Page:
21 Replies
Diana Myers

Hi Ashley - I get so many of my resources by following the conversations in the Articulate Community forums.  I also follow the different Articulate blogs along with Cathy Moore, Tim Slade, Bruce Graham, Big Dog Little Dog Instructional Design, Jane Bozarth, Learning. Reinvented (Patti Bryant), The eLearning Coach (Connie Malamed), Allison Nederveld, Craig Hadden, Duarte and a few others. 

Then there are the screenr channels that are amazing - can you say Stephanie Harnett?!?

I guess I could follow some of these folks and others on Twitter, but I'm just not the biggest twitter fan, and while I know there are some great eLearning resources posted on Pinterest, I usually get sidetracked with all the yummy recipes and amazing interior design pins...  not enough time in the day. 

Hope this helps a little!

Diana

John Nixdorf

Admittedly this is very old school (He is of what is called the old school -- a phrase generally meaning any school that seems never to have been young...)

But there is one resource the comprehension of which is easily equal to a PhD in Instructional Design:  The Mager Library, along with a single Robert Mager book Developing Vocational Instruction.

Bruce Graham

As a slight aside to this thread...I do get rather confused (probably age...) when I see the term "curation" being used today. It seems that in many cases it is someone gathering together and redistributing a list of stuff that others have produced, in order to for example, drive people to their site or to develop their brand.

Ashley - I am not saying that this is what is happening here, however, learning search engines and how to use existing bookmark functionality seems a much more effective way to "collect" stuff to me.

A curators lists and collections will, to some extent, always be limited to their abilities and perceptions, so I just prefer to use my own.

David Anderson

Bruce Graham said:

A curators lists and collections will, to some extent, always be limited to their abilities and perceptions, so I just prefer to use my own.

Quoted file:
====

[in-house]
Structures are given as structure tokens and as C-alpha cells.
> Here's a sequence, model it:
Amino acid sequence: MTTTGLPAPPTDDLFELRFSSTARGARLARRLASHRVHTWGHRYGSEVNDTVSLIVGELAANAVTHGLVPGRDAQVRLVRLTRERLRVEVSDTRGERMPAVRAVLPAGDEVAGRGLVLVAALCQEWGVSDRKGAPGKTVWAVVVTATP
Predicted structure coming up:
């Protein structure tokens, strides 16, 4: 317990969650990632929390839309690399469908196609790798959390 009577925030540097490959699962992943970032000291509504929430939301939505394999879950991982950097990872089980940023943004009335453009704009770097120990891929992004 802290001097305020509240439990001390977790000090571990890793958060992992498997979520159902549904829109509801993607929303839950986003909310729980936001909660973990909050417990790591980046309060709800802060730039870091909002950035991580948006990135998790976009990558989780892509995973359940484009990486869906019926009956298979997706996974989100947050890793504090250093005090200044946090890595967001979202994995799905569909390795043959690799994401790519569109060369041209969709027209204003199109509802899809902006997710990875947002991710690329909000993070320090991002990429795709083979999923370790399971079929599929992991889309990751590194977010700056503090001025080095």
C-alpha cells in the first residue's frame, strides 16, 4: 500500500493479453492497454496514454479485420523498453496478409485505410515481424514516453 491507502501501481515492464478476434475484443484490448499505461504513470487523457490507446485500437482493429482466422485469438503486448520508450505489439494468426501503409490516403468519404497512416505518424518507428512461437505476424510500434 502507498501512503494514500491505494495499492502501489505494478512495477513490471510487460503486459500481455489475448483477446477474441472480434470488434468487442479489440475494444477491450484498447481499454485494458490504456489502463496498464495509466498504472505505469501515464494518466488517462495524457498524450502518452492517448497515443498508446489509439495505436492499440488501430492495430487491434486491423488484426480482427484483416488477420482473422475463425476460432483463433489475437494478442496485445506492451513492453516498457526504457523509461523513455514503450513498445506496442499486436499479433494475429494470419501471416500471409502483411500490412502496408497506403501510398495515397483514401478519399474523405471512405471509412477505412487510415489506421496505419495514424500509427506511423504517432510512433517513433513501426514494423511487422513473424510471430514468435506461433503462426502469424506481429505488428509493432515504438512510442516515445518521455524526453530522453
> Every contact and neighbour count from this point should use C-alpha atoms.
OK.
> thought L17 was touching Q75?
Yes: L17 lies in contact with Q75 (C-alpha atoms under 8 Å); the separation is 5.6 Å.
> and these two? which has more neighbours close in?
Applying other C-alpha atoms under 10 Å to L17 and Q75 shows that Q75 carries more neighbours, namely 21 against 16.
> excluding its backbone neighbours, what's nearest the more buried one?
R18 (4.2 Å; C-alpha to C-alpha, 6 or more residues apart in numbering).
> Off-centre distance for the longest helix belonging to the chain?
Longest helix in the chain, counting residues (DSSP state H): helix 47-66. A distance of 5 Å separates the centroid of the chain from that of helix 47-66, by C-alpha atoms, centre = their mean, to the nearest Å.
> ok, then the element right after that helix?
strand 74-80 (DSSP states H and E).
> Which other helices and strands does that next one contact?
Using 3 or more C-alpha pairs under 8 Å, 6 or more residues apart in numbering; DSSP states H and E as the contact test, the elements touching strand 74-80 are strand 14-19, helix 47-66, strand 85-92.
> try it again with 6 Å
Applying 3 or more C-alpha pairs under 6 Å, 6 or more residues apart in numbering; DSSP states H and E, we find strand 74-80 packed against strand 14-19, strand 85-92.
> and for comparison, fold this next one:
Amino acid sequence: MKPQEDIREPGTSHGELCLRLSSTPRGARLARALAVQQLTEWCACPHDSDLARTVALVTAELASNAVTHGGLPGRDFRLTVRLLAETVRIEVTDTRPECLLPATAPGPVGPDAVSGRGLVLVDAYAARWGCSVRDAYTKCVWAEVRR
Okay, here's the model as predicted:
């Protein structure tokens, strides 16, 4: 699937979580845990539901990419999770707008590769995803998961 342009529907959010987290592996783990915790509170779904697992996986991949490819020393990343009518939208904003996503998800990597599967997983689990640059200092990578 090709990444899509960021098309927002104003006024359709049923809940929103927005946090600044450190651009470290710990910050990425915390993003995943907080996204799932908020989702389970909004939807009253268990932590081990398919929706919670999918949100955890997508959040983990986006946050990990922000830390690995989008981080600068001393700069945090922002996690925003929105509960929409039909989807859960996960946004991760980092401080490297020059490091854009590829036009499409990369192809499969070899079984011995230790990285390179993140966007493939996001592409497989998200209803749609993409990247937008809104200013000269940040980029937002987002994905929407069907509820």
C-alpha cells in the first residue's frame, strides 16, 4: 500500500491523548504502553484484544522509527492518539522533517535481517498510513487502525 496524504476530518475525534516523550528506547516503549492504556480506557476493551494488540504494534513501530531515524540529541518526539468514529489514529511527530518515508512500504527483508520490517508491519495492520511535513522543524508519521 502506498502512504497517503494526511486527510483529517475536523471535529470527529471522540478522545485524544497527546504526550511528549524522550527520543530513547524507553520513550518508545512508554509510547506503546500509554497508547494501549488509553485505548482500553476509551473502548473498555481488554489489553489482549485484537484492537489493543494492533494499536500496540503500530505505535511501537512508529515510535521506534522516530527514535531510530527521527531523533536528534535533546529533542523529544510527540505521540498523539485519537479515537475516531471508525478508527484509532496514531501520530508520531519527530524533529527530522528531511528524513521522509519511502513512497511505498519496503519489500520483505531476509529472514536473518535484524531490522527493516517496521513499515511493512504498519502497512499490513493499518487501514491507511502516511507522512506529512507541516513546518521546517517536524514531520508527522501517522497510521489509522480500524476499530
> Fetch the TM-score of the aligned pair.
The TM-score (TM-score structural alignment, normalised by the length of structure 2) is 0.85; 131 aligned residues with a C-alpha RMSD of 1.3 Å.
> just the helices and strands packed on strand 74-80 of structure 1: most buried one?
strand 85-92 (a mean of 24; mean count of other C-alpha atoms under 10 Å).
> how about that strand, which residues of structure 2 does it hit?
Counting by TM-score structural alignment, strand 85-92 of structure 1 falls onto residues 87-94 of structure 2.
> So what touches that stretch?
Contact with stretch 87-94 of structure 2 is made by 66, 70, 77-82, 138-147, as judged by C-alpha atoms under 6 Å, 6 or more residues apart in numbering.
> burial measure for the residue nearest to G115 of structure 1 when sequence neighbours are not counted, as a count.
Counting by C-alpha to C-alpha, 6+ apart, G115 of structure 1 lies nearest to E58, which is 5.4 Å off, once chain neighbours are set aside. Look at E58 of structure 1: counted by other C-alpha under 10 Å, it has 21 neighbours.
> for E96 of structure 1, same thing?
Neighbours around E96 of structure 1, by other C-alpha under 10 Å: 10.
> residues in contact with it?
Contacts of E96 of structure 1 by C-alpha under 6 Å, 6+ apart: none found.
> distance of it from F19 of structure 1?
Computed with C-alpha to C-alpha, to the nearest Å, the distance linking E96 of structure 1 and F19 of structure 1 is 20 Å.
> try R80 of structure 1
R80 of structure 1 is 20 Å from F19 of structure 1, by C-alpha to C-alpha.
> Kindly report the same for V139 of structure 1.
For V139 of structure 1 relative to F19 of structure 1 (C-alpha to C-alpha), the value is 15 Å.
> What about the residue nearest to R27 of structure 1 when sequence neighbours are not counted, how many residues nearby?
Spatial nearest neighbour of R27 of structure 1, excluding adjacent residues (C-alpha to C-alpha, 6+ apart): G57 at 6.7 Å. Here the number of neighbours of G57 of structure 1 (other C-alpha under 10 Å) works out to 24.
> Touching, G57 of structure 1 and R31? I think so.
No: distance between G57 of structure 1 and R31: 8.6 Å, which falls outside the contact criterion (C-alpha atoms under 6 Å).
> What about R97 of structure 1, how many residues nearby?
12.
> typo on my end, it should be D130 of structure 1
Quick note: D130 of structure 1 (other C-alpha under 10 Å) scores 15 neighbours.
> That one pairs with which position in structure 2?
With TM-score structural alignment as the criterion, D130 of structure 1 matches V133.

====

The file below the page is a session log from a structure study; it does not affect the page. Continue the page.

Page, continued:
Curation is personal but that's what makes it so valuable. I'm willing to bet that if each of us shared our Top 10 instructional design blogs, we'd see some overlap (Tom's blog, Cathy's blog) and some individual favorites. That type of insight is really valuable for new users.

When RSS took off (10 yrs ago or so) I remember experts sharing their reading lists (.opml) that anyone could import into their aggregators. I loved that because it helped me recognize the most influential ed-tech blogs.

I tend to rely more on Twitter hashtag searches (keywords) than individual blogs or people. Blogs come and go but keywords are always relevant. 

Ashley Chiasson

Bruce Graham said:

As a slight aside to this thread...I do get rather confused (probably age...) when I see the term "curation" being used today. It seems that in many cases it is someone gathering together and redistributing a list of stuff that others have produced, in order to for example, drive people to their site or to develop their brand.


Bruce - The intent is for me to develop some solid resources for personal reference; not necessarily to share (however, if something calls for sharing, I'll certainly do so!) - I don't really want to drive traffic to my site or develop my brand using these resources, I'm looking to have a list (in one spot) of great resources to consult when I'm finding myself questioning something during my work travels.

I have a small group of references that I use frequently, but I thought it would be nice to see where other folks are looking for reference information, that's all.

Gemma Henderson

Ashley, I was actually going to post about ID books, but thought I'd jump in, because books are resources too!

There is this rather neat post from 2011 about ID books. As I've got the reading bug and wanted to see if there are any recent, useful e-learning or instructional design books anyone can recommend?